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Carlos Alvarez

Trust and Public Safety Engagement Director

United States of America


Carlos leads ICANN's engagement with the trust and public safety communities. His portfolio includes trust-groups, national/defense/police response teams, and organizations like the Messaging, Malware and Mobile Anti-Abuse Working Group (M3AAWG), the Forum of Incident Response and Security Teams (FIRST), the National Cyber Forensics and Training Alliance (NCFTA), the Global Cyber Alliance or the Cyber Defence Alliance, among others.

His work is focused on materializing ICANN's mandate to help ensure that the DNS remains stable, secure and resilient, by:

-- Providing internal and external stakeholders globally with subject matter expertise on different aspects related to addressing online threats that target or leverage the DNS.
-- Trust-based collaboration with worldwide cyber law enforcement and with the incident response, threat intel and opsec communities.
-- Capability building, via leading ICANN's efforts towards training his target communities in matters related to security and threats against or through the DNS.

Before, he served in ICANN's Contractual Compliance Team where he managed the team responsible for processing all registrar-related complaints worldwide. He also provided key subject matter expert advice and guidance to ICANN's Contractual Compliance Audit Program and to the gTLD registry-related work of the Compliance Team.

Prior to joining ICANN, Carlos participated in the International Attorneys Program at Holland & Knight in Miami and served as the head of Legal & Business Affairs at Sony Music for Colombia, Ecuador, Venezuela and Peru. While in this position he was a member of the Andean legal committee of the IFPI (International Federation of the Phonographic Industry).

A pioneer in Latin America in matters related to software anti-piracy, information security from a legal perspective and cyber crime, initially through his work with the local law firm of the Business Software Alliance in Colombia since 1998. His articles on piracy and terrorism, cybercrime, botnets, digital evidence, criminal aspects of the use of honeypots, legal aspects of information security standards, the Budapest Convention, and other related matters have been published in Colombia, Venezuela, Argentina, Mexico and Spain. He taught computer law, legal aspects of information security and intellectual property in two universities in Bogota and has lectured before many different audiences in the Americas, Europe, Africa, and Asia.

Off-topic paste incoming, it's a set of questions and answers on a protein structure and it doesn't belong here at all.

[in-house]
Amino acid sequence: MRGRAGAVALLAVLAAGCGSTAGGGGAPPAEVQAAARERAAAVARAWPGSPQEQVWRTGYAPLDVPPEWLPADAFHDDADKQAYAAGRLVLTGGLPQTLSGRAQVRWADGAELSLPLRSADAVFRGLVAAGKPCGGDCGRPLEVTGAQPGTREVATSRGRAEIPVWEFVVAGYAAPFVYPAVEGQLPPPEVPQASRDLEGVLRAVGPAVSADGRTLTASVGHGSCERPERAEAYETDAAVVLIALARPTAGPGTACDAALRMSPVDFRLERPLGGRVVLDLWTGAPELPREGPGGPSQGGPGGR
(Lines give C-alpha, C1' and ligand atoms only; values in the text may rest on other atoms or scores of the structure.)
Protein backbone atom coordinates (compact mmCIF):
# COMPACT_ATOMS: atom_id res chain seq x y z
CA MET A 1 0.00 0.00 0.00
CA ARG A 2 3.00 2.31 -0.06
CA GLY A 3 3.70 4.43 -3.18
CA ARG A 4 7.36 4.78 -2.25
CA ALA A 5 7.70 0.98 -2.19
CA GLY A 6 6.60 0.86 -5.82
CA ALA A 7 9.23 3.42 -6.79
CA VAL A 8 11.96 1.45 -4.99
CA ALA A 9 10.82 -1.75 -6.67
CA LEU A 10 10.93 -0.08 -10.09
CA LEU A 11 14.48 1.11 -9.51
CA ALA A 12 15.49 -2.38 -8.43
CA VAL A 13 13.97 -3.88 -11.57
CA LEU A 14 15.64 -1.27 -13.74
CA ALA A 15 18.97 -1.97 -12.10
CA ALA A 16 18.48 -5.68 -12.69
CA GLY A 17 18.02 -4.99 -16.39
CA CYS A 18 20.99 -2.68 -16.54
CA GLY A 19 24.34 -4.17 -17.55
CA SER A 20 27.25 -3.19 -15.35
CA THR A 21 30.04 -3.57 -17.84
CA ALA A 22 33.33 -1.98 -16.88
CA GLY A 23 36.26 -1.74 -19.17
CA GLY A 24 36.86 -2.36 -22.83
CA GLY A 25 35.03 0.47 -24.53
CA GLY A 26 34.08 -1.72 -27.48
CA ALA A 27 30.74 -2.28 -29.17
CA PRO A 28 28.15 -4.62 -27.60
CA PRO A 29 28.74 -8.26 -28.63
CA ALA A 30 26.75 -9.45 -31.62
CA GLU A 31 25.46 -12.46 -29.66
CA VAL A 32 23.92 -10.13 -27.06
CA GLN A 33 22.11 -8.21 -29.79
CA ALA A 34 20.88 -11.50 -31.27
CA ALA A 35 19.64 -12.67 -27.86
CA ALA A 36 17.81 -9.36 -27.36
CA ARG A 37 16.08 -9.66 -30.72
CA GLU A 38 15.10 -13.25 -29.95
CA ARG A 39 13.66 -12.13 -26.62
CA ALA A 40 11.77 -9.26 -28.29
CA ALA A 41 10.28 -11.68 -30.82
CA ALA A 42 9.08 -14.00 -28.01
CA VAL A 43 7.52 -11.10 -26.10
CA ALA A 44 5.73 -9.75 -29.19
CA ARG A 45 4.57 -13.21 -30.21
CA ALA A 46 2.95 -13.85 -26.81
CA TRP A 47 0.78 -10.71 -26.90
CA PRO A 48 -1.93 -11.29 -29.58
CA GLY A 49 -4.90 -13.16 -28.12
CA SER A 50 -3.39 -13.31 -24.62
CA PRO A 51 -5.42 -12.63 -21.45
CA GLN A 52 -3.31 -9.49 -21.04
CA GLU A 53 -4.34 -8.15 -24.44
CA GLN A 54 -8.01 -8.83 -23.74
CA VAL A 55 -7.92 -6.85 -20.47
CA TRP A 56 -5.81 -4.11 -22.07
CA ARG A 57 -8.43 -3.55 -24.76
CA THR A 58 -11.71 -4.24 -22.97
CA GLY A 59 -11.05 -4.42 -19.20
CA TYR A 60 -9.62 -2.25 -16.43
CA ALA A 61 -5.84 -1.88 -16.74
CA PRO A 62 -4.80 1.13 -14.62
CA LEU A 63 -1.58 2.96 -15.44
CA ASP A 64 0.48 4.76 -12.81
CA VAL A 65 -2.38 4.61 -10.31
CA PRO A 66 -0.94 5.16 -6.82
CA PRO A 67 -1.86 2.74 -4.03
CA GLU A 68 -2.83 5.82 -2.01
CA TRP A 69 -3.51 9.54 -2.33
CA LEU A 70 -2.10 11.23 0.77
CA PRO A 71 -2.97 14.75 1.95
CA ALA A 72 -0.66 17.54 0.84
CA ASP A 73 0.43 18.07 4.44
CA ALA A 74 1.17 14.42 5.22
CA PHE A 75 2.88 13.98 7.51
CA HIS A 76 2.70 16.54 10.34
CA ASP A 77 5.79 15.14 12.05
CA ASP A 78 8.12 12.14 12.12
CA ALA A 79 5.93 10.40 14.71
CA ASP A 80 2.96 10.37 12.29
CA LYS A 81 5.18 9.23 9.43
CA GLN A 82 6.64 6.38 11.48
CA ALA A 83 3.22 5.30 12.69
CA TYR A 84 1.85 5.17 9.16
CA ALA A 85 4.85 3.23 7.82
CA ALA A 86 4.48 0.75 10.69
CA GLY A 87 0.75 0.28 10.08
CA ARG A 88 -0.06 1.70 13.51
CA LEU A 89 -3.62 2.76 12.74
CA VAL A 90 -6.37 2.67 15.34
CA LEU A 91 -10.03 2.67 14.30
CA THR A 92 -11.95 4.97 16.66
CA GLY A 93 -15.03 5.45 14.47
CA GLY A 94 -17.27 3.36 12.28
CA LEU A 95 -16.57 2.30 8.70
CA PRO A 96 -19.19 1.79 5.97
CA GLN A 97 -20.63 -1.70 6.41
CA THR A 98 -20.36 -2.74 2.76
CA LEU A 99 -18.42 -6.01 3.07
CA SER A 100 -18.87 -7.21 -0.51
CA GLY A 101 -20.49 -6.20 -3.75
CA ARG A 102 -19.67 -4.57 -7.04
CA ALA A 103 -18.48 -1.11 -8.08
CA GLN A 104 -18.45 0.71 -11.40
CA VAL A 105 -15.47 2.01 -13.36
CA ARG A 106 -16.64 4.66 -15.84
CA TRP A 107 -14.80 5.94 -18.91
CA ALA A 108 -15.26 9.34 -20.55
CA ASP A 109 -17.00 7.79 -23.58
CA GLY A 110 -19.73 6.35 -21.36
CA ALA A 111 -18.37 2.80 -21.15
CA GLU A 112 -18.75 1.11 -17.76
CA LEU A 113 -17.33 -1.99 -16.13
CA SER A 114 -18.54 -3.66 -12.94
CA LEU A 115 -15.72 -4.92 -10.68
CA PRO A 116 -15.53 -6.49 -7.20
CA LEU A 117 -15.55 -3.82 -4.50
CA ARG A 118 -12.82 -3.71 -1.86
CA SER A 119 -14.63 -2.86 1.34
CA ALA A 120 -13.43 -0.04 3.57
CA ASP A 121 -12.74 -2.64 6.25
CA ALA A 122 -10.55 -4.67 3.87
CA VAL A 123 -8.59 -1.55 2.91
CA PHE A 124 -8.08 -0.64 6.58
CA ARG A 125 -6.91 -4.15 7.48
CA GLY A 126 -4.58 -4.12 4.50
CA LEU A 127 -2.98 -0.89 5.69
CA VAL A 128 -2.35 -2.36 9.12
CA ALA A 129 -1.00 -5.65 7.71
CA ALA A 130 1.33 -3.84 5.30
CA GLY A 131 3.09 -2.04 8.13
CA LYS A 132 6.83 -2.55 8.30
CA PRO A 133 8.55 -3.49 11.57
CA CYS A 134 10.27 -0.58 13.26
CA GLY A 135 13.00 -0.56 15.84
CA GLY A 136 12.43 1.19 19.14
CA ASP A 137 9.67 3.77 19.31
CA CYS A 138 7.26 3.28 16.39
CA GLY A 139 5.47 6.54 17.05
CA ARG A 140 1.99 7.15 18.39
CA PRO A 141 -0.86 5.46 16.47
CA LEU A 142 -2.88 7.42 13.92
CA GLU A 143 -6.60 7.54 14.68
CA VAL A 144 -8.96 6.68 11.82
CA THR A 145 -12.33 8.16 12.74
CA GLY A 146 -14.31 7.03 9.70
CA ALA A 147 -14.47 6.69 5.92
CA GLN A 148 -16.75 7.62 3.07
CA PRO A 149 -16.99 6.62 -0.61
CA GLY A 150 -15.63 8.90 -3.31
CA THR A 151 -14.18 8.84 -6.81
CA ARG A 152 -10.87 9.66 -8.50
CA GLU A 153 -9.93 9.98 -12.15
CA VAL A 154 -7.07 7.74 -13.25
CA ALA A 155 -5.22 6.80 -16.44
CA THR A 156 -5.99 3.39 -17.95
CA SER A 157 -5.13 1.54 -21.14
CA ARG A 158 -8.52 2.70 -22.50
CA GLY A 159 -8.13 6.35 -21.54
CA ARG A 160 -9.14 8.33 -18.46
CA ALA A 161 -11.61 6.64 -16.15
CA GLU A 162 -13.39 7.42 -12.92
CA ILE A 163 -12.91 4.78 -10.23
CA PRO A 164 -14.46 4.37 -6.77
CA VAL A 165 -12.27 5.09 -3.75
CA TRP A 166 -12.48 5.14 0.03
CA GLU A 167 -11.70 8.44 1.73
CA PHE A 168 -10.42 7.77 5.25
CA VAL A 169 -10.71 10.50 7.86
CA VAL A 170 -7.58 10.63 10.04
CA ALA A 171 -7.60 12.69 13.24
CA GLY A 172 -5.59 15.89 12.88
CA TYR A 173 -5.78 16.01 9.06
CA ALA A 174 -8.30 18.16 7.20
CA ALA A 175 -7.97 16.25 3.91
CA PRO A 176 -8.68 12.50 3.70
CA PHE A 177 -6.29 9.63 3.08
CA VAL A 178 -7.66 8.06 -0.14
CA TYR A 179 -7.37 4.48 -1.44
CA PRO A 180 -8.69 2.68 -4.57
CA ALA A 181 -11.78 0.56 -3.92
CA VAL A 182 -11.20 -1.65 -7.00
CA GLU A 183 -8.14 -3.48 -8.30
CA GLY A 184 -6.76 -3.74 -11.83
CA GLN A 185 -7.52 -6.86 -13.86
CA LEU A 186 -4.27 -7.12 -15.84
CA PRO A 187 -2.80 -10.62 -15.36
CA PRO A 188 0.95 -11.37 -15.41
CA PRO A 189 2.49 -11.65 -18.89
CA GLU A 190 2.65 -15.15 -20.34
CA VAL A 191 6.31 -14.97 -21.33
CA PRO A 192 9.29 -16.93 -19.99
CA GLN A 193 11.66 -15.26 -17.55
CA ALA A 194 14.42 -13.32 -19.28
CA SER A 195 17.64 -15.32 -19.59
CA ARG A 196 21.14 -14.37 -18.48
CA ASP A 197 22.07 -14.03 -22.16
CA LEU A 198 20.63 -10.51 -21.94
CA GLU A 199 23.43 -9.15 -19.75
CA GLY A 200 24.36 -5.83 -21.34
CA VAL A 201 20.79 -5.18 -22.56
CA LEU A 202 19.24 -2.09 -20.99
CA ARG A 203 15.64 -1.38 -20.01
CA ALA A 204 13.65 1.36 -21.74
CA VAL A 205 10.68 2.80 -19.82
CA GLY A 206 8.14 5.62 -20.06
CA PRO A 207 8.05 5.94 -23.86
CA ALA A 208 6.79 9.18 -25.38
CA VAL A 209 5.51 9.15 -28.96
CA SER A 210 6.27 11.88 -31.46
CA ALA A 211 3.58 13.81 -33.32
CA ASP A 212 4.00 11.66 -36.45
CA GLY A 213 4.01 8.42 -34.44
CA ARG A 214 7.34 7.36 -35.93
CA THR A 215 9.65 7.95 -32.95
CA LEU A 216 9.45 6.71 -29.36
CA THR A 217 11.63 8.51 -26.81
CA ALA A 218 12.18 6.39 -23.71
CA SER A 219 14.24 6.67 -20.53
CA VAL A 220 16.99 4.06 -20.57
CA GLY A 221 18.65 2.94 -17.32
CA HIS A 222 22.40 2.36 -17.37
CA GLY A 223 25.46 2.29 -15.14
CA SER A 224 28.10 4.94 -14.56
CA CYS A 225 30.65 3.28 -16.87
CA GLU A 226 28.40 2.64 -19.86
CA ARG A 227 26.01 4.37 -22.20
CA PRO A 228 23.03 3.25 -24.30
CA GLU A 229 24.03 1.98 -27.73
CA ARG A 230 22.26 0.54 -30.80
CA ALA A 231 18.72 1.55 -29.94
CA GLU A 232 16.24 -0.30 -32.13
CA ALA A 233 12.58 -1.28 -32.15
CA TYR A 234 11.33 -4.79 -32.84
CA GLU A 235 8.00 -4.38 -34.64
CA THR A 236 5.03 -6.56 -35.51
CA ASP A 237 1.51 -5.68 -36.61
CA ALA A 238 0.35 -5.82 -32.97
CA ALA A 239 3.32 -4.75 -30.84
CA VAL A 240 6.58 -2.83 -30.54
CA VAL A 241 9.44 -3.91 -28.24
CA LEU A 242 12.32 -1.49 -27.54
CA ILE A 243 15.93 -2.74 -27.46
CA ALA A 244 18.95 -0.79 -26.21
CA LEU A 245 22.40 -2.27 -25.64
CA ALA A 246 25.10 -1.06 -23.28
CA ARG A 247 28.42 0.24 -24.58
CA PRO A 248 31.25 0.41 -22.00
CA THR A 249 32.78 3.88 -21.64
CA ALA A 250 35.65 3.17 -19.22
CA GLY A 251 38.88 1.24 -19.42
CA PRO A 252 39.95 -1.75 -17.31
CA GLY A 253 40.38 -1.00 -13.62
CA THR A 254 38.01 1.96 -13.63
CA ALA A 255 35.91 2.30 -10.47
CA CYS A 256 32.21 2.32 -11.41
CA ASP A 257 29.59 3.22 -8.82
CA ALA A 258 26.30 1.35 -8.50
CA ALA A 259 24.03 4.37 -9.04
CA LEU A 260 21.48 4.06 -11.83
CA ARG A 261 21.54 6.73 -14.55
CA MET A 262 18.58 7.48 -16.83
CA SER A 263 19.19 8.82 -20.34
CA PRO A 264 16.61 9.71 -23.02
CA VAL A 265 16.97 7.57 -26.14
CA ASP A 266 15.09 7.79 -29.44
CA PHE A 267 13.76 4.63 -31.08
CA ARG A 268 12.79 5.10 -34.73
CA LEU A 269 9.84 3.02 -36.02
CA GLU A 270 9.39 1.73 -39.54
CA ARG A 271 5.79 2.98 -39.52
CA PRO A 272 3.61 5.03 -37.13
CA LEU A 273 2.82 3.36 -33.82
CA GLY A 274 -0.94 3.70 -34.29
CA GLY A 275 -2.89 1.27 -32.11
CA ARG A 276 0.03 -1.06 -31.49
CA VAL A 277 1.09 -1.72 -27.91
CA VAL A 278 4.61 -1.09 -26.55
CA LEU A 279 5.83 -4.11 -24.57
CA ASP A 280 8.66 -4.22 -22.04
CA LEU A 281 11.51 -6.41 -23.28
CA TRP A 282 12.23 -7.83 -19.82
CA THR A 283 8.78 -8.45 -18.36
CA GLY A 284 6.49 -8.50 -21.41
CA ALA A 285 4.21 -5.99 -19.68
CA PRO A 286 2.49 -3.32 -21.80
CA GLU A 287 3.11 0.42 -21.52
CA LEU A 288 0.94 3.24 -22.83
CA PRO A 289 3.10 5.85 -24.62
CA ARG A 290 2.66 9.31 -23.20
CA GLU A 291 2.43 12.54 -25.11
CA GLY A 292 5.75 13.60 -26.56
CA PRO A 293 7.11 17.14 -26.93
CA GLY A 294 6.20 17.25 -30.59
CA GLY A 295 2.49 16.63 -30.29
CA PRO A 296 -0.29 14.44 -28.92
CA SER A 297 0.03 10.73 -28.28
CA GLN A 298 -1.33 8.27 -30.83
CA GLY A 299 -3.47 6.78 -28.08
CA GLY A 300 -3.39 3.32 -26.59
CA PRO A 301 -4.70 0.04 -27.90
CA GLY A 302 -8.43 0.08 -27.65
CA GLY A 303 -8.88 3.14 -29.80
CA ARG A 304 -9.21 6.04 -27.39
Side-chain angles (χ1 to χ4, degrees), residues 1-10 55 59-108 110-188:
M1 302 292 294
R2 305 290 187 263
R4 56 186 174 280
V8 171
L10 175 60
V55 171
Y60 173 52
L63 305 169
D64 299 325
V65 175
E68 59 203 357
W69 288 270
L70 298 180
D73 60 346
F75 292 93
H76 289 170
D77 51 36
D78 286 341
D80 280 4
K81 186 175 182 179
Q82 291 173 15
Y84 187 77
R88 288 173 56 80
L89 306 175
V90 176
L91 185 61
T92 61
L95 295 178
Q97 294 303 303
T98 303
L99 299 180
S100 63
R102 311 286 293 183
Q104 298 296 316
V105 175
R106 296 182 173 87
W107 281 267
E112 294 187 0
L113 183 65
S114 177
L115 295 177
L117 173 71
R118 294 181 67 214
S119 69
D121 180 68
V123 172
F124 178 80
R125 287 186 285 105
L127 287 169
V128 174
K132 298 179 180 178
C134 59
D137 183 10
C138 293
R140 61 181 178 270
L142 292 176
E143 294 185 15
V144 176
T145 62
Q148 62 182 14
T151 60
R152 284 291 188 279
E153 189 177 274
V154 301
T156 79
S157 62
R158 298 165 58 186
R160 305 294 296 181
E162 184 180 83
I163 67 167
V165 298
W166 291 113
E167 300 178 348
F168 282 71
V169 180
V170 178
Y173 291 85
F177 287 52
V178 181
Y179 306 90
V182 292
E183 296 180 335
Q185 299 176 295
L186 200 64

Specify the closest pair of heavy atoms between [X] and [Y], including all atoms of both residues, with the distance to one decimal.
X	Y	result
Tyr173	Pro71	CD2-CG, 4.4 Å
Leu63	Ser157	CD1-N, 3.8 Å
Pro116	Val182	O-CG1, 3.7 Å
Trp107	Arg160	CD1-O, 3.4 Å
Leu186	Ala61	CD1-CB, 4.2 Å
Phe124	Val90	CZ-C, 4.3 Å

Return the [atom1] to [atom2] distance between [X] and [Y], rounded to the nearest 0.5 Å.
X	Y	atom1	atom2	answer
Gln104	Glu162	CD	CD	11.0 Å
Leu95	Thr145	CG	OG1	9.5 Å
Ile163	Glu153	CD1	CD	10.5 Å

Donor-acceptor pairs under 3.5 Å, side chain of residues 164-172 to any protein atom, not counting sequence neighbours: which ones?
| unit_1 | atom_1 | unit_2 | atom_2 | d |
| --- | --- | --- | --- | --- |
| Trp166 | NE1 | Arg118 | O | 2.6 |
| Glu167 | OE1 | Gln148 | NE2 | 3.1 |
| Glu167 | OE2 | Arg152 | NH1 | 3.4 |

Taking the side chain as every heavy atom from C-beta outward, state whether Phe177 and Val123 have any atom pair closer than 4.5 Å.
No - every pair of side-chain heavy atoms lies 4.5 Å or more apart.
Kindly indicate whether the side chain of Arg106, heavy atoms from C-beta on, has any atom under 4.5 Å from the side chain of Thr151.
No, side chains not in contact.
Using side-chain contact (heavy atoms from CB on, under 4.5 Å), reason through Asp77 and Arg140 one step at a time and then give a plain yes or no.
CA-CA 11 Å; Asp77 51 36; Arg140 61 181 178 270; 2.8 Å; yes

Carlos is a member of the Board of Directors of the Forum of Incident Response and Security Teams (FIRST), a Strategic Advisor to the Global Cyber Alliance, and he is a co-founder of the DNS Abuse Special Interest Group (SIG) at FIRST. He founded the Anti-Phishing SIG at M3AAWG and was its chair while it existed, then co-founded the DNS Abuse SIG that later became the Names and Numbers Committee, that he continues to chair to date.

Carlos is an attorney graduated from the Universidad de los Andes in Bogota. He holds a Master of Laws degree from the University of Southern California Gould School of Law, and has studies on networking with TCP/IP from UCLA.

Domain Name System
Internationalized Domain Name ,IDN,"IDNs are domain names that include characters used in the local representation of languages that are not written with the twenty-six letters of the basic Latin alphabet ""a-z"". An IDN can contain Latin letters with diacritical marks, as required by many European languages, or may consist of characters from non-Latin scripts such as Arabic or Chinese. Many languages also use other types of digits than the European ""0-9"". The basic Latin alphabet together with the European-Arabic digits are, for the purpose of domain names, termed ""ASCII characters"" (ASCII = American Standard Code for Information Interchange). These are also included in the broader range of ""Unicode characters"" that provides the basis for IDNs. The ""hostname rule"" requires that all domain names of the type under consideration here are stored in the DNS using only the ASCII characters listed above, with the one further addition of the hyphen ""-"". The Unicode form of an IDN therefore requires special encoding before it is entered into the DNS. The following terminology is used when distinguishing between these forms: A domain name consists of a series of ""labels"" (separated by ""dots""). The ASCII form of an IDN label is termed an ""A-label"". All operations defined in the DNS protocol use A-labels exclusively. The Unicode form, which a user expects to be displayed, is termed a ""U-label"". The difference may be illustrated with the Hindi word for ""test"" — परीका — appearing here as a U-label would (in the Devanagari script). A special form of ""ASCII compatible encoding"" (abbreviated ACE) is applied to this to produce the corresponding A-label: xn--11b5bs1di. A domain name that only includes ASCII letters, digits, and hyphens is termed an ""LDH label"". Although the definitions of A-labels and LDH-labels overlap, a name consisting exclusively of LDH labels, such as"""" is not an IDN."